“With such a useful skill so interesting, so different, and yet so intrinsically connected, how could anyone choose to remain ignorant and still continue to thrive as a designer?”
It’s a quiet Sunday morning and I’ve found myself thinking. Dangerous in itself I know, but the question that’s cranking my brain into motion this lovely sunny morning is on a whole new level:
“Should web designers know how to code?”
Boy, has that one caused debate in the web design community. It rises its head every few months to a frenzy of tweets, articles and comments. Here’s a brief run down of my favourite:
Mike Kus – 5 Good Reasons Why Designers Should Code
Elliot Jay Stocks – Web designers who can’t code
James Young – Designers have to code now
Frank Chimero – Designers vs Coding
Harry Roberts – Do designers need to code?
The list could go on but at the risk of unearthing a monster I’ll go no further than to bullet point a few thoughts of my own:
Personally, I wouldn’t be able to design a website without knowledge of web standards and coding practices. It’s that intrinsic to my process.
The designers and front-end developers I respect and admire the most all have something in common: they do both.
And the thought I ponder most of all:
I can’t imagine why a professional web designer would choose not to learn coding.
Oh well, I guess I’ll have to explain that one…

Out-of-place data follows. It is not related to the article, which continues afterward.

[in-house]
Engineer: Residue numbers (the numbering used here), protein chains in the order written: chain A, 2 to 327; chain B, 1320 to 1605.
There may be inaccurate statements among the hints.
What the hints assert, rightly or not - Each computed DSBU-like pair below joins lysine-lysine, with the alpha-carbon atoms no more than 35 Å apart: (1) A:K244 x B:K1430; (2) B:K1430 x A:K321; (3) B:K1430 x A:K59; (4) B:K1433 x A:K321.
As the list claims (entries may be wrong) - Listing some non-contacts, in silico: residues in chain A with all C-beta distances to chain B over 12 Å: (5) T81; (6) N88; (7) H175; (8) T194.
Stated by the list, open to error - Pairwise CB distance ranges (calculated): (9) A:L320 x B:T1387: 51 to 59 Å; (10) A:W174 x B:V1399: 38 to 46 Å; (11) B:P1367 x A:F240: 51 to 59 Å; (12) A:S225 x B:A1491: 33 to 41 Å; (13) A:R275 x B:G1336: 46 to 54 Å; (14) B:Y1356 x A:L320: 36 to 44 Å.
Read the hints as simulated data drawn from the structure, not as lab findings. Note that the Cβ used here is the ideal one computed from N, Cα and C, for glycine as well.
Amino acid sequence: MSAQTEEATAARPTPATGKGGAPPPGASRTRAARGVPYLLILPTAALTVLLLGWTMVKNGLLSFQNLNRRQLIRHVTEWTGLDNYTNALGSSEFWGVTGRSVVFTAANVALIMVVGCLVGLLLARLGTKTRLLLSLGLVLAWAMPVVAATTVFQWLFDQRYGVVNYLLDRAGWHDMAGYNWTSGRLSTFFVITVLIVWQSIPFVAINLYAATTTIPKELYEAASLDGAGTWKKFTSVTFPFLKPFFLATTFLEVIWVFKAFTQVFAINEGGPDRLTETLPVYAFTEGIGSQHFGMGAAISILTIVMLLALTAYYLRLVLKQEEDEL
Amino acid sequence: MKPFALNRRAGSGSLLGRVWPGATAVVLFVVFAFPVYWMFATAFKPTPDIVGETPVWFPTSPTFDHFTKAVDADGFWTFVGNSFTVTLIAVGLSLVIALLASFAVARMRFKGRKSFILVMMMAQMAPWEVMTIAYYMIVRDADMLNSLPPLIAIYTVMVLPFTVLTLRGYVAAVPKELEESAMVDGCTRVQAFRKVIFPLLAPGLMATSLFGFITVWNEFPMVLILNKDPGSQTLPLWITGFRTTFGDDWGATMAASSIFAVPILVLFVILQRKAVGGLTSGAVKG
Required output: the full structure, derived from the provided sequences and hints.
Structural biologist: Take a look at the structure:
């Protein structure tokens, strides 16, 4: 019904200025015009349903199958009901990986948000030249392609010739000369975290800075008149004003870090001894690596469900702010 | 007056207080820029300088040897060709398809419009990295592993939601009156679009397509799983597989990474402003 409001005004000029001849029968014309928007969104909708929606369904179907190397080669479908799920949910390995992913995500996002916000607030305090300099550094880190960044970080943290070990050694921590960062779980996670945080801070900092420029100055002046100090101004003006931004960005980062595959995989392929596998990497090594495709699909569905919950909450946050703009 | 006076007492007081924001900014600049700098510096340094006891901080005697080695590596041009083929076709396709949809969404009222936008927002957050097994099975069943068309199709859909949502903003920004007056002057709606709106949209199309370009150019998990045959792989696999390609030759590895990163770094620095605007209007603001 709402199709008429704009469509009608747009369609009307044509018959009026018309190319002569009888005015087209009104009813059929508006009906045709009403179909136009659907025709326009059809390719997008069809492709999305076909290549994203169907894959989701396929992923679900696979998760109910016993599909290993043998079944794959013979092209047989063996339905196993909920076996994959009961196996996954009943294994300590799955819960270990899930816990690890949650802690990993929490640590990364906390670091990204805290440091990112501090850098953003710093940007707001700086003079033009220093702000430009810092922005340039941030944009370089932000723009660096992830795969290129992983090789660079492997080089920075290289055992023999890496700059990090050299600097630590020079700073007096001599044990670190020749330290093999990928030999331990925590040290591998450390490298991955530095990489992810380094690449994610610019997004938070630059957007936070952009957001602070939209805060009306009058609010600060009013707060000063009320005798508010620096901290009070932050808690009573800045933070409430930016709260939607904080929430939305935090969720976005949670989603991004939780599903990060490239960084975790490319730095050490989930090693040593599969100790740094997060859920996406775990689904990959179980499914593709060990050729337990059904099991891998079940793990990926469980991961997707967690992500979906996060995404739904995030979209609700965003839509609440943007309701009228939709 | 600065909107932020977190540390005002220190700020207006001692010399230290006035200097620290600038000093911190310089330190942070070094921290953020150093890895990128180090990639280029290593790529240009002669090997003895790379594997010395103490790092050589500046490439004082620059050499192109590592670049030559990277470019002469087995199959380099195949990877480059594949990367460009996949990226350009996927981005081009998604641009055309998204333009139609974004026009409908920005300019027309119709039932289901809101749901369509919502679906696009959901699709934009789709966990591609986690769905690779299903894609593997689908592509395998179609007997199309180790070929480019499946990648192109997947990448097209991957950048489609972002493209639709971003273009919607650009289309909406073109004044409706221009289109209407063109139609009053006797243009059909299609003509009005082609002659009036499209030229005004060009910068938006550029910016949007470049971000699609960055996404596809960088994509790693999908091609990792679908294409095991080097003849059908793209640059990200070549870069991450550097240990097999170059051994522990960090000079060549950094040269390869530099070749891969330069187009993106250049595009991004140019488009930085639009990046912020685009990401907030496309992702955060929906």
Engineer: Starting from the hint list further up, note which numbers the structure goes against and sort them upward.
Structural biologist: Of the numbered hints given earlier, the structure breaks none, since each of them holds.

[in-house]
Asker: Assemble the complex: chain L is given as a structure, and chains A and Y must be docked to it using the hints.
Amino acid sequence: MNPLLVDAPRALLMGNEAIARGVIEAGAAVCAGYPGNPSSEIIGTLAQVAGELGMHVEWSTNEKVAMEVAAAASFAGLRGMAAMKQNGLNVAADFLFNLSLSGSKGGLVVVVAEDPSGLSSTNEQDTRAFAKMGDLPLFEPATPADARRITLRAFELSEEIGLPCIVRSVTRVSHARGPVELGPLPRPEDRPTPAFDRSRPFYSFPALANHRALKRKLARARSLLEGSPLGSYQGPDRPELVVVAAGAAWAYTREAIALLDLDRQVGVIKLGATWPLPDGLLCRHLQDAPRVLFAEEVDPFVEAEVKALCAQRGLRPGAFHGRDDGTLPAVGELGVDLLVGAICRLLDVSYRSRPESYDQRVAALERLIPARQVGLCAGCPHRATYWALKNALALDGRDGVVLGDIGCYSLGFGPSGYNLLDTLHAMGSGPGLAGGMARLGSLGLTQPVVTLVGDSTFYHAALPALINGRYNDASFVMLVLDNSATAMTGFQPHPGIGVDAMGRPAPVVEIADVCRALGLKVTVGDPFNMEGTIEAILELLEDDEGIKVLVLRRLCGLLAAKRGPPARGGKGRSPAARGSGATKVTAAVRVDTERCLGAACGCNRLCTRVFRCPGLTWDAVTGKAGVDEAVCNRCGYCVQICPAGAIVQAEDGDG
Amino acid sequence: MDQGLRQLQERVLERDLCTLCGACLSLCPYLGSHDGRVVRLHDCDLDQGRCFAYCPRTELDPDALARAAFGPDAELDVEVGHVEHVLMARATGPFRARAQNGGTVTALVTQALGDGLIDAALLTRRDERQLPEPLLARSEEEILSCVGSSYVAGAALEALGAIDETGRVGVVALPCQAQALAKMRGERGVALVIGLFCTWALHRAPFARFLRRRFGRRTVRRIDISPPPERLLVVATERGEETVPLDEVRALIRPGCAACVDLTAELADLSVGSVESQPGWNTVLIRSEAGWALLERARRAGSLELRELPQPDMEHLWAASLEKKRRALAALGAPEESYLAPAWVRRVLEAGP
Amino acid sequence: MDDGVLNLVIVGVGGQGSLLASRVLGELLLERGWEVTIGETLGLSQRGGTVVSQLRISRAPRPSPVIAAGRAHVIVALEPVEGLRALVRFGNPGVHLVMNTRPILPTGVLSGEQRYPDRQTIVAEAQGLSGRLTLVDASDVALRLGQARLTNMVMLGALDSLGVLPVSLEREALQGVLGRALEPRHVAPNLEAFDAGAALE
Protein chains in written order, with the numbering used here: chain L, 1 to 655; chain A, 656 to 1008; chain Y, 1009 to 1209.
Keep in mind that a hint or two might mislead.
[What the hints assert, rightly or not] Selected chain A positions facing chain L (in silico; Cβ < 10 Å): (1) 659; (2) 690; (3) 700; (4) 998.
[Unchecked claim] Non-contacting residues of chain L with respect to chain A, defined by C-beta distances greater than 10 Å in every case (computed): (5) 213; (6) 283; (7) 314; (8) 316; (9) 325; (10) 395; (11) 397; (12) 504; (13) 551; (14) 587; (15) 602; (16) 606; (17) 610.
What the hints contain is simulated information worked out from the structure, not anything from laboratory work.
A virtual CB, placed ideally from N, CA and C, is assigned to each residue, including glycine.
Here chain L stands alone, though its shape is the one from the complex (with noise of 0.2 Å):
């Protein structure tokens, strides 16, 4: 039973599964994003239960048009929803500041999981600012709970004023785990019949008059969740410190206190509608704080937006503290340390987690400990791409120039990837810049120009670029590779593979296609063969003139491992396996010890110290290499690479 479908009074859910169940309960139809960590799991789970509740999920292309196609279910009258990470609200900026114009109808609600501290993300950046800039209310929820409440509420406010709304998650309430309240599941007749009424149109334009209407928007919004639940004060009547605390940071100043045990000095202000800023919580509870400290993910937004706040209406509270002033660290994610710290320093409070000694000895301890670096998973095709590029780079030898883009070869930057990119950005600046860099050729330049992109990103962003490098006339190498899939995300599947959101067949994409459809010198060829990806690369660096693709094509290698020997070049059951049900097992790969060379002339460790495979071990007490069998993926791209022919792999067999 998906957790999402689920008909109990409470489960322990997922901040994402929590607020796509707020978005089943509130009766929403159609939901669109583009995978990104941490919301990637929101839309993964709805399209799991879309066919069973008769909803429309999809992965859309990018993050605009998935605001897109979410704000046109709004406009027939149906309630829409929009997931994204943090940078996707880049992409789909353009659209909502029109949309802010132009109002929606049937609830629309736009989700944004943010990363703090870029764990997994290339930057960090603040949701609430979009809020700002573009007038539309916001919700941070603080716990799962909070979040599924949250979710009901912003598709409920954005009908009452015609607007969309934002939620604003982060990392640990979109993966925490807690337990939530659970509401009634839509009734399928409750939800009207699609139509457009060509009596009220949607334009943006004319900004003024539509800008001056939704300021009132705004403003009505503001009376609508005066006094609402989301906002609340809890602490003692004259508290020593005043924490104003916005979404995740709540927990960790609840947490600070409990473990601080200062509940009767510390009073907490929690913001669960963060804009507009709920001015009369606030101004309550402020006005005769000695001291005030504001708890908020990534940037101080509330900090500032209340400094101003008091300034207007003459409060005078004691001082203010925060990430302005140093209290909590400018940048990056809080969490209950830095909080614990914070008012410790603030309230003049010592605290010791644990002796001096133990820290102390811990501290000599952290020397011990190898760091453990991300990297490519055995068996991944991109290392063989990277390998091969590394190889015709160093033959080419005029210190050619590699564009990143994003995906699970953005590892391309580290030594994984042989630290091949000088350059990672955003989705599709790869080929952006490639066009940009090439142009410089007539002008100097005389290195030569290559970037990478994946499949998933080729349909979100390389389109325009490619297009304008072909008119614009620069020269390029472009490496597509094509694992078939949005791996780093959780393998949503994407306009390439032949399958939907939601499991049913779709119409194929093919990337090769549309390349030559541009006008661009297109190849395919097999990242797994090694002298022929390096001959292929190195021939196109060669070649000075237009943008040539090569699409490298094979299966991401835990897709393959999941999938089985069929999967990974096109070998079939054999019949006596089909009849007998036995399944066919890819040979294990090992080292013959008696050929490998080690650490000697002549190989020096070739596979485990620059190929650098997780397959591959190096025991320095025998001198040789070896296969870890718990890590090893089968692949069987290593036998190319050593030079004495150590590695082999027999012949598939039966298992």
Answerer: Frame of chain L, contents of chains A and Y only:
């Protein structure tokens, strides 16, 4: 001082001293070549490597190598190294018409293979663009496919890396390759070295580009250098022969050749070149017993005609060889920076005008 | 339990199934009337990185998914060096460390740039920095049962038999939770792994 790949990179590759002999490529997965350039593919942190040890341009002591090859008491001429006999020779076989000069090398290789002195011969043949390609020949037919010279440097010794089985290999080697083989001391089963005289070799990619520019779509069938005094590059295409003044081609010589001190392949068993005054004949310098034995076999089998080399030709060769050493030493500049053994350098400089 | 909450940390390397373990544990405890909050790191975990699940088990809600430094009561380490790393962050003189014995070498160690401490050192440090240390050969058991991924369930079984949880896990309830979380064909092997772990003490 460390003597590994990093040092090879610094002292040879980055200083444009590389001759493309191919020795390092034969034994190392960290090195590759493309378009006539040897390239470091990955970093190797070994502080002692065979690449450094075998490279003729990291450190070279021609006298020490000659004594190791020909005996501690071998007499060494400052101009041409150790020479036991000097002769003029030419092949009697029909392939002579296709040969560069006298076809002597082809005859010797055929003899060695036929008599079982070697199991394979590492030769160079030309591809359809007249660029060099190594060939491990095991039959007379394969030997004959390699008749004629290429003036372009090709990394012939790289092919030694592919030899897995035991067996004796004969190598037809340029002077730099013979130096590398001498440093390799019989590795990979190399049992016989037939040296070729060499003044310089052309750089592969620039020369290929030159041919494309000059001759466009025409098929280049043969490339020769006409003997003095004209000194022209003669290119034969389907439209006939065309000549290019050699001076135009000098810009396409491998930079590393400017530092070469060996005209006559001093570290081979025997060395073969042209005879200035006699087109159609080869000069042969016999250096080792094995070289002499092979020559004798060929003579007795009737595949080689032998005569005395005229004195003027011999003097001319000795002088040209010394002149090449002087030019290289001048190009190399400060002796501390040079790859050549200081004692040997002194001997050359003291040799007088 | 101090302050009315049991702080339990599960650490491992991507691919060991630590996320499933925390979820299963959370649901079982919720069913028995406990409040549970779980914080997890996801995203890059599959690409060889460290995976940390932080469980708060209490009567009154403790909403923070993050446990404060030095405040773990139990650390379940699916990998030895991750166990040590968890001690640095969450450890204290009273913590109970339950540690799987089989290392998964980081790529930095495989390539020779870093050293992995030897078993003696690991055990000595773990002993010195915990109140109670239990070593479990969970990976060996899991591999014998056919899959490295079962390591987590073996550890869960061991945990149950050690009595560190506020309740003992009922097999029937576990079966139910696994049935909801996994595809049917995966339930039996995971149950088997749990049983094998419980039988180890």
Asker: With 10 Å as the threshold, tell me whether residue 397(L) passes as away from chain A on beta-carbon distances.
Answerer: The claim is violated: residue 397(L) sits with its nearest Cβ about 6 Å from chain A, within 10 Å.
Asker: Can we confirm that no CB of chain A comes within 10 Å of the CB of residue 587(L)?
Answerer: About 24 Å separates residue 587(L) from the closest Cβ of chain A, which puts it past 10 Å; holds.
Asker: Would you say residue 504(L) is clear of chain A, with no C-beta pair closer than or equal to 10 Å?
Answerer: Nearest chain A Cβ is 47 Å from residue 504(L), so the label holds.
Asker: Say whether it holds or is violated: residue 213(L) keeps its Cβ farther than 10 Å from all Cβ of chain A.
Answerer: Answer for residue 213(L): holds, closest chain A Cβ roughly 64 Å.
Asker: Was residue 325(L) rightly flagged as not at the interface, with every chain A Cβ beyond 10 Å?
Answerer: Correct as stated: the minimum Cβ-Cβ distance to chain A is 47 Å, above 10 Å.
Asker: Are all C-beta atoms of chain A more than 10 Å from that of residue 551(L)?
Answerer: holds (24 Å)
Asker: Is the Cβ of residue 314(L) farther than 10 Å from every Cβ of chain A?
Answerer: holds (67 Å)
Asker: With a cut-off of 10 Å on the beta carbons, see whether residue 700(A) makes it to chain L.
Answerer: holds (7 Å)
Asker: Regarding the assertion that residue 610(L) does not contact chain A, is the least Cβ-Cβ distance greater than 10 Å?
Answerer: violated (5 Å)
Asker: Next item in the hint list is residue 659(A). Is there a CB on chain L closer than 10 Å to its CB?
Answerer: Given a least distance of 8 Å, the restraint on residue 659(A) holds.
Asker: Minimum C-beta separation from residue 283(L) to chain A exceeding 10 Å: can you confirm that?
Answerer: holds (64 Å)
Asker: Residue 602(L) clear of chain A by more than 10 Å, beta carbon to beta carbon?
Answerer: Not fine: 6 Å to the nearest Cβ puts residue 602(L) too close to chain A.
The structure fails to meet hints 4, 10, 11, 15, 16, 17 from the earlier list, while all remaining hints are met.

In Search of Creativity
During my graphic design education I was introduced to many masters of the craft.
A man that stands out to me as someone of great influence and inspiration is the late Alan Fletcher. His book The Art of Looking Sideways is a tome of brilliance. If you don’t own it, every single page continues an unstoppable array of visual explorations, each one stirring a unique emotion. The book is a breathtaking collection that only a lifetime of wisdom could produce.
It is with memories of Alan Fletcher that I remind myself of where true creativity and motivation comes from: a worldly knowledge of experience and insight (and a desire for more). To avoid staying static, allowing inspiration to evaporate. To avoid becoming placid and boring. Now, that’s not to say that others should not crave the same (on the contrary, it’s what makes us human) but those of us in the creative fields — the artists, musicians, poets, and dare I say, web designers — all share an erratic excitement in this search for creativity and knowledge. But let’s also consider everybody else. A continuing education stimulates the mind, broadens career prospects and generally makes us more fun to be around.
It is with those thoughts that I ask, why would any web designer choose not to learn coding?
It’s such a natural progression. One not just of great value on a practical level, but also of great mind-opening knowledge. With such a useful skill so interesting, so different, and yet so intrinsically connected, how could anyone choose to remain ignorant and still continue to thrive as a designer?
I would expect anyone working on the web to have a basic understanding of HTML & CSS but us “creatives” have an added incentive to keep our imaginations burning, and that can’t possibly be denied, can it? Even if we ignore questions of necessity, understanding the medium and the ability to collaborate, surely a designer cannot remain contempt with limited knowledge of their field?
I say go forth and learn what is around the corner, and don’t stop.